On the demand side, the Supreme Court has recognized that one of the goals of competition law is the protection of consumer choice. (7) Antitrust theorists have provided rich supportive commentary that describes the benefits of sensitivity to consumer choice issues. (8) Protecting the choices and opportunities of a vulnerable atomistic seller would seem a natural corollary when the power lies not with the large seller but with large buyers who can coerce the small seller.
The connection between consumer choice and entrepreneurial choice is direct. If small firms that offer services and products consumers want are driven from the marketplace, consumer choice is undercut. When a relatively small craft brewer sells a popular product, but cannot survive because of lax antitrust enforcement or misguided regulatory policy, the loss in choice falls not only on the would-be craft brewer, but also on the consumer. Meaningful consumer choice exists when market structure allows for new entry and sustainability for small firms that offer what consumers want. Maintaining entrepreneurial choice is also linked to dynamic efficiency. A small firm with a novel idea appealing to consumers can have a difficult time sustaining its entry if large existing competitors can engage in exclusionary conduct. Innovation can be delayed or suppressed. (9)
The protection of entrepreneurial choice should not be a ticket for favored treatment of small firms. What should be protected is a right to compete on the merits, unhindered by exclusionary or abusive conduct by large firms and as free as possible of government regulation that discriminates against the small provider.
Properly viewed, the connection between competition law and government regulation is straightforward. If competition law is effective in preserving competition, the need for government regulation should be minimized. (10) Where regulation is needed--as it may be for health and safety reasons--the regulation ought to show the same sensitivity for survival of small firms that antitrust policy should show. Regulations that are designed for, and sometimes at the behest of, large firms can and often do undermine entry, competition, and entrepreneurial choice.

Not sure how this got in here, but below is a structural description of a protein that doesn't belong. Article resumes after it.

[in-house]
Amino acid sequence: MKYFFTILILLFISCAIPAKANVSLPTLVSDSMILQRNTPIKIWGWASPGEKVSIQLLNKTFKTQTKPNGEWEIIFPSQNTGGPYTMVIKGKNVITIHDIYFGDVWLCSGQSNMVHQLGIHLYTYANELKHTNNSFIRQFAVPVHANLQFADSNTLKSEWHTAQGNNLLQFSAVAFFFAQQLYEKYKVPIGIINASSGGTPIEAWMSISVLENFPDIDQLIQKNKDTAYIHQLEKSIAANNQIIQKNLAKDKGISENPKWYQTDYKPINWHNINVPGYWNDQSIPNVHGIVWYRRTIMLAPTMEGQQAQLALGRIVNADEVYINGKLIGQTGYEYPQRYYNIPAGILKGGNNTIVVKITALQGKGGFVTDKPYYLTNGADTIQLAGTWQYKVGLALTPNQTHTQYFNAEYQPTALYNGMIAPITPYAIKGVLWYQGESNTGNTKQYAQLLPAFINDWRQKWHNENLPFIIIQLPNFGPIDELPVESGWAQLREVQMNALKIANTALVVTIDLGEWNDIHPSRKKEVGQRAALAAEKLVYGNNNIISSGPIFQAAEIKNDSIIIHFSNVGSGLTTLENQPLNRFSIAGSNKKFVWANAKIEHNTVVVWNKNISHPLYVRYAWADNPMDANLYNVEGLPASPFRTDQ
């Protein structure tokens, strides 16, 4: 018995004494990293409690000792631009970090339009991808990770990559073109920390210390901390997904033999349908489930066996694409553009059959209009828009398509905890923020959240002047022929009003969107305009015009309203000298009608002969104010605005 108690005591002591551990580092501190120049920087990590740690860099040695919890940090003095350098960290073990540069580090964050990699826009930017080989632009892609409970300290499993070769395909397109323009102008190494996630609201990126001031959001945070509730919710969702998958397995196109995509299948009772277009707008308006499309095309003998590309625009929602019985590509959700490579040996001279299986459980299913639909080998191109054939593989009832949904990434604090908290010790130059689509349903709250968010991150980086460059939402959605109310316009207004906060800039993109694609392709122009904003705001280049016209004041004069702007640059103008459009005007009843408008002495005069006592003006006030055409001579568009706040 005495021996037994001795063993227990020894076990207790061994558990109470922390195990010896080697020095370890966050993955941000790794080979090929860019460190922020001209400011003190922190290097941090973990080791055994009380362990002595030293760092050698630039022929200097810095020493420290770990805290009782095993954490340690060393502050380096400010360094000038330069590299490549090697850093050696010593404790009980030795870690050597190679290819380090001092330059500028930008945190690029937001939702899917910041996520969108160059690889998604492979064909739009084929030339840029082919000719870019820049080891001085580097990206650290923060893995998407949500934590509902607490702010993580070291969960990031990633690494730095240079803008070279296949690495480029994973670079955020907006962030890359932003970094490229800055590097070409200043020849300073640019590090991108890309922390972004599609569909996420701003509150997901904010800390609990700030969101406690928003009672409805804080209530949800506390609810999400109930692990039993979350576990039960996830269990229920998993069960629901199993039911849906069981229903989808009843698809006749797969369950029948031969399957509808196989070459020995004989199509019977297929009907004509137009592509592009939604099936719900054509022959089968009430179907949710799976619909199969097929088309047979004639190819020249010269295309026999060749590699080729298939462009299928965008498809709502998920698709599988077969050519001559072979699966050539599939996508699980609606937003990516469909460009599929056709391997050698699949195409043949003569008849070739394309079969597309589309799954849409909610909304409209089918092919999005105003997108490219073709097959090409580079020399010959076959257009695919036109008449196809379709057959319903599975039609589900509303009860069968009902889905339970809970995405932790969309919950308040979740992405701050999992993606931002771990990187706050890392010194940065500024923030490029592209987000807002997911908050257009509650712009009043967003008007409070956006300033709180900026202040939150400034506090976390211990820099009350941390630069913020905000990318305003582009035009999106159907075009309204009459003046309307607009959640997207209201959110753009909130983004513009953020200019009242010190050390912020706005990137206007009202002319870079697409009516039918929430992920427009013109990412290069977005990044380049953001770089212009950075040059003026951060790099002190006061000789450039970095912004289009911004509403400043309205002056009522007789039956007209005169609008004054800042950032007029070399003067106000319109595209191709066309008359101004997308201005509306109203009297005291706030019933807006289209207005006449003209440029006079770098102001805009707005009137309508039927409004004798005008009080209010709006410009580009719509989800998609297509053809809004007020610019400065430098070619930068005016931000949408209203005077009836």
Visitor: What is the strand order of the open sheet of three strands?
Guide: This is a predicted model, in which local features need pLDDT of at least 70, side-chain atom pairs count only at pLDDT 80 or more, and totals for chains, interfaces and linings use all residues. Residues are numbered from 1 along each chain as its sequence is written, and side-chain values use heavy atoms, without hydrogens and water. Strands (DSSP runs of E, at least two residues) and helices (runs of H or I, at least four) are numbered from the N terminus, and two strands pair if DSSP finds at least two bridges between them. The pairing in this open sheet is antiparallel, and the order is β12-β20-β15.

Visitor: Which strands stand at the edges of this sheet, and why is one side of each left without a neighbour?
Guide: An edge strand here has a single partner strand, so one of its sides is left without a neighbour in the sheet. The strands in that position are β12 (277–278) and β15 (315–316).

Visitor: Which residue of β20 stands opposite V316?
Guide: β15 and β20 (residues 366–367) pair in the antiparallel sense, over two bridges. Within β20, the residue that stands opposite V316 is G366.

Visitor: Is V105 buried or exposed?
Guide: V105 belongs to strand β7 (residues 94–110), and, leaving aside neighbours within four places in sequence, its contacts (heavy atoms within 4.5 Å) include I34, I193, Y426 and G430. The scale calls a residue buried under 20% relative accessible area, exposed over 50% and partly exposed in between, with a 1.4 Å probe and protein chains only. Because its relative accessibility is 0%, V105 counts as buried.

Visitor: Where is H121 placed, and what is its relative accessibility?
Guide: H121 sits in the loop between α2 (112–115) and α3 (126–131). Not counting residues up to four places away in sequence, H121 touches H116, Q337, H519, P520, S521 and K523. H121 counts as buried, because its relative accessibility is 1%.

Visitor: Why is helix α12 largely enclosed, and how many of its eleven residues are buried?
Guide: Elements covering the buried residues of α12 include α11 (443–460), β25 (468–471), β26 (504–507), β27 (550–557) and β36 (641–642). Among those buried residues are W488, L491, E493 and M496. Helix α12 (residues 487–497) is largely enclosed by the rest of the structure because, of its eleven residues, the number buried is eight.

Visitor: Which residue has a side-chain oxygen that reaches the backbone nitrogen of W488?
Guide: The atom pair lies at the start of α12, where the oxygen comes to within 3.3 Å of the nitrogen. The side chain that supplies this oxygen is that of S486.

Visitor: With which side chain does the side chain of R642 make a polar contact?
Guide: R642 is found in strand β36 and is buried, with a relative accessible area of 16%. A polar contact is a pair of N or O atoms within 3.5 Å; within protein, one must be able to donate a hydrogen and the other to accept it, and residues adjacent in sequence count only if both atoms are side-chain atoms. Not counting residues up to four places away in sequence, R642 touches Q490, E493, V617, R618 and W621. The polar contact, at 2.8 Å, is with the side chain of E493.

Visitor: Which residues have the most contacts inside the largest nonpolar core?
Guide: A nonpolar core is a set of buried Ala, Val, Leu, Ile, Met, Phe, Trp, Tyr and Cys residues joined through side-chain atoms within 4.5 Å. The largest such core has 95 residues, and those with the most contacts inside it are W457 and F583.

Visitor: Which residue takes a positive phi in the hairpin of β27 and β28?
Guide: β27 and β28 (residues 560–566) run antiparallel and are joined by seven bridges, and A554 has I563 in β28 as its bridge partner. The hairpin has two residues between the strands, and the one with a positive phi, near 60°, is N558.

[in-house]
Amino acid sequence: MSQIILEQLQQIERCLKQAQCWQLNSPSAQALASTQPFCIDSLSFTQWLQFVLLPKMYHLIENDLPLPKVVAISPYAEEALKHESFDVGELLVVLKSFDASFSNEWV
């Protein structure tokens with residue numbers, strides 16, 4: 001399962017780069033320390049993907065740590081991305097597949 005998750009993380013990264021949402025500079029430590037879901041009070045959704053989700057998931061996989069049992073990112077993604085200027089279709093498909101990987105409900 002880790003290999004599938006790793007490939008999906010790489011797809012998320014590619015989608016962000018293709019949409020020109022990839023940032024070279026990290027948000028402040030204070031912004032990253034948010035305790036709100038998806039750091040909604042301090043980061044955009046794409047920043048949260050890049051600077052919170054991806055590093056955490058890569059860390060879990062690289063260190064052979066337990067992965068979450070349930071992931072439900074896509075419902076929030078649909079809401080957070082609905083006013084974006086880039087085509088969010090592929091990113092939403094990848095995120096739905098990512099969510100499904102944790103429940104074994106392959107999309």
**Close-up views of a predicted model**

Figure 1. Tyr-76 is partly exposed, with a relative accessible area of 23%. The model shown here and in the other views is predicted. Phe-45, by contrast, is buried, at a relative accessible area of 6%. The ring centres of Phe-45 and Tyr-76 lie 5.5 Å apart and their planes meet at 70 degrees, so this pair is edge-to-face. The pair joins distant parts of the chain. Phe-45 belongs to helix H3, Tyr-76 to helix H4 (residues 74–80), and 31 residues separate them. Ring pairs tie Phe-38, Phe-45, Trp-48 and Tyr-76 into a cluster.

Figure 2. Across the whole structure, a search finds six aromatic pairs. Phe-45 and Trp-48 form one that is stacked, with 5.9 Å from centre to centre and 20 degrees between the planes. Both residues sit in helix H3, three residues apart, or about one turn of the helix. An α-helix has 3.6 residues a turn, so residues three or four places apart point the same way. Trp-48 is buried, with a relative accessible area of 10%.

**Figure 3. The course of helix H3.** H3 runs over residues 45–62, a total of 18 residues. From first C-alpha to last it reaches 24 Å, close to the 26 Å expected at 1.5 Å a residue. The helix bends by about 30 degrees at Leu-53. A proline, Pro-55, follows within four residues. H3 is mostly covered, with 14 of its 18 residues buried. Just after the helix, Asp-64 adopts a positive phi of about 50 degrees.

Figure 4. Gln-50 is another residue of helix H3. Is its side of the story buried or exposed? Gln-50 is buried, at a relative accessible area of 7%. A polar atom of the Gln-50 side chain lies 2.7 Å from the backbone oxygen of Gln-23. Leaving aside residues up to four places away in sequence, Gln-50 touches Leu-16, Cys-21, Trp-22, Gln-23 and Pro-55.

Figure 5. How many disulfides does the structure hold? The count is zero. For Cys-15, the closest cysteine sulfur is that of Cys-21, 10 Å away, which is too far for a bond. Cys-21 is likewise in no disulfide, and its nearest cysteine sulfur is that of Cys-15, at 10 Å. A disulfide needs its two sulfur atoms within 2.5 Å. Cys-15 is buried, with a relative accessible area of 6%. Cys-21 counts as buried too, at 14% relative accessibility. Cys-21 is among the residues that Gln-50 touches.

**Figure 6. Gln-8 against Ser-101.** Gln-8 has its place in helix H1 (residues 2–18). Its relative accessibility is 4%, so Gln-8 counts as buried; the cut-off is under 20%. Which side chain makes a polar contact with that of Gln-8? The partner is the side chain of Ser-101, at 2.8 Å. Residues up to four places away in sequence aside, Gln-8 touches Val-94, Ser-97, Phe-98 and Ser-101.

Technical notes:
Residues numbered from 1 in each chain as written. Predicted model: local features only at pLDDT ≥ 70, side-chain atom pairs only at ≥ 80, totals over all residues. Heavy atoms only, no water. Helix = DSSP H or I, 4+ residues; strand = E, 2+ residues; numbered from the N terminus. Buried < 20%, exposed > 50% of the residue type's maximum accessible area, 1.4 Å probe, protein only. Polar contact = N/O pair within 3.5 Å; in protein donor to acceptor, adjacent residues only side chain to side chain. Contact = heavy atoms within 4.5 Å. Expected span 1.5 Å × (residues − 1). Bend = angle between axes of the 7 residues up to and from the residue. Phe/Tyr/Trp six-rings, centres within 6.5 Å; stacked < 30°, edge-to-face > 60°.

WHEN SMALL CAN BE SUPERIOR TO BIG
Today, Americans are accustomed to big corporations that provide sophisticated or high-tech products our predecessors could only imagine. Airplanes, automobiles, sophisticated drugs, computers, and other digital products are examples. Many every-day consumables, including processed food, cigarettes, toothpaste, and laundry detergent are the products of very large firms. Critical sectors of retailing are now dominated by large chains.
Despite the prominence of large firms and downturns in the number of newly created and surviving small businesses, (11) a great deal of what is bought and sold in the marketplace continues to flow through individuals or relatively small businesses. That was true in 1890 and remains true today. According to Census data, 78.5 percent of all firms with paid employees had fewer than ten employees. (12) The largest number of employer firms operate in professional, scientific and technical services, retail trade, construction, and health care and social assistance. (13) Small firms and atomistic providers still have a major presence in most service professions, in providing food and drink, in the arts, and in other creative professions. For example, there is high concentration among firms that provide auditing services for large business entities, but there remain hundreds of smaller or solo-practicing accountants that ply their trade for small...